George Gervin and Allen Iverson are the other two players who have won at least four scoring titles in their careers.
“Playing with him, I think we get spoiled,” said Nick Collison. “We see it all the time. He's obviously a special, special scorer and he's gotten a lot better. He's improved in a lot of other areas. He's more efficient scoring the ball, but he's also making better decisions passing. He's setting up his cuts better and catching the ball in better places. He's evolving and it's been a lot of fun to watch.”
With half the season in the books, Durant also continues to be on pace for a pursuit of historic efficiency. Going into the Clippers game, Durant was shooting 51.6 percent from the field, 40.4 percent from the 3-point line and 90.9 percent from the foul line. Only five other players in NBA history — Larry Bird, Mark Price, Reggie Miller, Steve Nash and Dirk Nowitzki — have accomplished that feat.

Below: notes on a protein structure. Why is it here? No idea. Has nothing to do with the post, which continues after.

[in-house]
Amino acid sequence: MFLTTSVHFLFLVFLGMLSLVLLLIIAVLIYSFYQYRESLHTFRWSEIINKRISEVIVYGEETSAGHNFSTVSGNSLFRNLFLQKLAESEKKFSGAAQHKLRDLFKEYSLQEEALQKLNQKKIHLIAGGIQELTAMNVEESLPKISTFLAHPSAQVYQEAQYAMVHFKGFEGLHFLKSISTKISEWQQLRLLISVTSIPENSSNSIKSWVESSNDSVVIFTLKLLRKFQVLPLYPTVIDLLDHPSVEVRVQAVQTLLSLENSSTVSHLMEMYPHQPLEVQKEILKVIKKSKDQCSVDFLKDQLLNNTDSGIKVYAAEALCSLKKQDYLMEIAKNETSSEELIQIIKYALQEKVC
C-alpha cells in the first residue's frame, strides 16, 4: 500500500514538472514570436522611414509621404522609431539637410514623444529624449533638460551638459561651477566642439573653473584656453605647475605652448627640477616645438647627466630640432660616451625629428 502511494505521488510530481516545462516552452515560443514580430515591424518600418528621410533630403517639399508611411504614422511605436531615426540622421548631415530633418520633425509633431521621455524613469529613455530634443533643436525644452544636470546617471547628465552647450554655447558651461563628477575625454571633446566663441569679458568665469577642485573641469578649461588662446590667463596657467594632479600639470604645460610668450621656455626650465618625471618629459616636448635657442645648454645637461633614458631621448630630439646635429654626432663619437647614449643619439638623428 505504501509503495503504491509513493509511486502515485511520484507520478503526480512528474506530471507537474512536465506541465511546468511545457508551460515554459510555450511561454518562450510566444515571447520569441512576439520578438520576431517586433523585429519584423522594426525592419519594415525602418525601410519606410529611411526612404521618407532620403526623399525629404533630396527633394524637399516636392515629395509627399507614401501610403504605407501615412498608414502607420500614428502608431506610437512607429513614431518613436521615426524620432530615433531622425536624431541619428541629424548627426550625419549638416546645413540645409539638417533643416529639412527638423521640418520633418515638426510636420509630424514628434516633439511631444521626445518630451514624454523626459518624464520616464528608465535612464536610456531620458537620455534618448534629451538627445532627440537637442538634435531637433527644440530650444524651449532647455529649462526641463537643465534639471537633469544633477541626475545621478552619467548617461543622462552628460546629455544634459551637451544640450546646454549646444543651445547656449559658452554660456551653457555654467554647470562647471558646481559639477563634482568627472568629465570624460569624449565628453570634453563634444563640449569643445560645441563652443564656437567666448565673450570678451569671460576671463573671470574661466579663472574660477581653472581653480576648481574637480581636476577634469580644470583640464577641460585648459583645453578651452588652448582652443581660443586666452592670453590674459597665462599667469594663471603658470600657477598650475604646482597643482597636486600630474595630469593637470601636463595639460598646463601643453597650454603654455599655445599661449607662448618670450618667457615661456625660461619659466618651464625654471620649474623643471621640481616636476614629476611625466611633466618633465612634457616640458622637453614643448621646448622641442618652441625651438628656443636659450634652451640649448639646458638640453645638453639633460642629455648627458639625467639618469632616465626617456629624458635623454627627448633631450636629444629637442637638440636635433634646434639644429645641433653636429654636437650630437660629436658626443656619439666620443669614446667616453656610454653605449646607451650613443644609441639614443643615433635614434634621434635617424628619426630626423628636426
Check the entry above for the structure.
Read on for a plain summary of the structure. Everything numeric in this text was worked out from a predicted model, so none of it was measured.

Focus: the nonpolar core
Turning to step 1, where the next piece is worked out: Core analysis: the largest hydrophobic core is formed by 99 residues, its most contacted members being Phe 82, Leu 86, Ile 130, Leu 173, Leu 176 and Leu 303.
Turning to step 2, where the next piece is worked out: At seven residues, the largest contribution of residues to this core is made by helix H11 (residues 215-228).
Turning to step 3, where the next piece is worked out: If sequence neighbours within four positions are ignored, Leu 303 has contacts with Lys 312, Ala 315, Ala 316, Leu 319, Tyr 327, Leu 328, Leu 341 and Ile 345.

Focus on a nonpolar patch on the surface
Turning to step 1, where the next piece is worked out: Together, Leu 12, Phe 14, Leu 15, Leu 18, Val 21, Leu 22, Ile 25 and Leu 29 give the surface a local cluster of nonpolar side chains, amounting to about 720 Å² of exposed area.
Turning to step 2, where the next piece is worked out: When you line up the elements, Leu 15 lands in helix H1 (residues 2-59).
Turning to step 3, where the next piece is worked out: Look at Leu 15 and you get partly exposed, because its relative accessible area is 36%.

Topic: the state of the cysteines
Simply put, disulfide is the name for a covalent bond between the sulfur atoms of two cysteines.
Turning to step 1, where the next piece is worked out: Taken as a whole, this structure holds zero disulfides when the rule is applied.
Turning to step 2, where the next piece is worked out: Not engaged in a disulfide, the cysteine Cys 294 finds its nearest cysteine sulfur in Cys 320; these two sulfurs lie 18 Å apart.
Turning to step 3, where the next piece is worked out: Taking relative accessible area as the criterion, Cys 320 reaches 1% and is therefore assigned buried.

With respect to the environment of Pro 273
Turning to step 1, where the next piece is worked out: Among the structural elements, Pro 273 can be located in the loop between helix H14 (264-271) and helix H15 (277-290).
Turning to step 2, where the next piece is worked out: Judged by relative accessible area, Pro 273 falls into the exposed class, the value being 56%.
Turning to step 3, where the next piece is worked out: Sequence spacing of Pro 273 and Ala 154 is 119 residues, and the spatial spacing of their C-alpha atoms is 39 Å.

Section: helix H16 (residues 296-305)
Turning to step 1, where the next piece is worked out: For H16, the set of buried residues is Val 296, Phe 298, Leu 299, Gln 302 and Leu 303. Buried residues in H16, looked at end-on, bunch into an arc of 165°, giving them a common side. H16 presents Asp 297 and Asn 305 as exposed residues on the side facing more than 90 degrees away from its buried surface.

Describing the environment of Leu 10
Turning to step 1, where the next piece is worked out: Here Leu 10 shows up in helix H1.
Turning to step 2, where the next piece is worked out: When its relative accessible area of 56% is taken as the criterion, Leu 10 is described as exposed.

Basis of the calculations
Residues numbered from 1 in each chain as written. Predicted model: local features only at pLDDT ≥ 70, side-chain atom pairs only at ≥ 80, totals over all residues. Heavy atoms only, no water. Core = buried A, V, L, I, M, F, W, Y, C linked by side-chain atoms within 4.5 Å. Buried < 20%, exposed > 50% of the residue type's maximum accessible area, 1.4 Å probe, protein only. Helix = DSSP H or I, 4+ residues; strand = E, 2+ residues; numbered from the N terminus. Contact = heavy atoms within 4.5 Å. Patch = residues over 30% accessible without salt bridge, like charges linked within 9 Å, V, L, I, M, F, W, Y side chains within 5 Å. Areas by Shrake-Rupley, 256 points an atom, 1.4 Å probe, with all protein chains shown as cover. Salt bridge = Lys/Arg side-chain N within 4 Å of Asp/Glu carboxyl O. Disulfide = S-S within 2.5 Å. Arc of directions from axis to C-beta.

“He's just so much more comfortable,” Collison said. “He knows how to counter or snap out of it if things aren't going well. He knows where to try to catch the ball to get an easier look or get to the line and things like that.”
The first two games of this six-game road tip illustrated Durant's growth. Unlike past years, Durant wasn't taken out of the offense when he struggled with his shot at Dallas and Denver. Though he only made a combined 20 of 51 shots, Durant still tallied 87 points in those two contests, largely by working his way to the foul line 21 times in each game. He made 41 of those 42 free throws.
As a result, the achievements continue to pile up — even if Durant insists he's not paying attention.
“He just plays,” Collison confirmed. “That's crazy that he can do those things. But it's not really a focus for him. I think it just comes naturally. He's extremely talented. He works extremely hard and now he's figuring out more and more about the game so he's going to keep getting better.”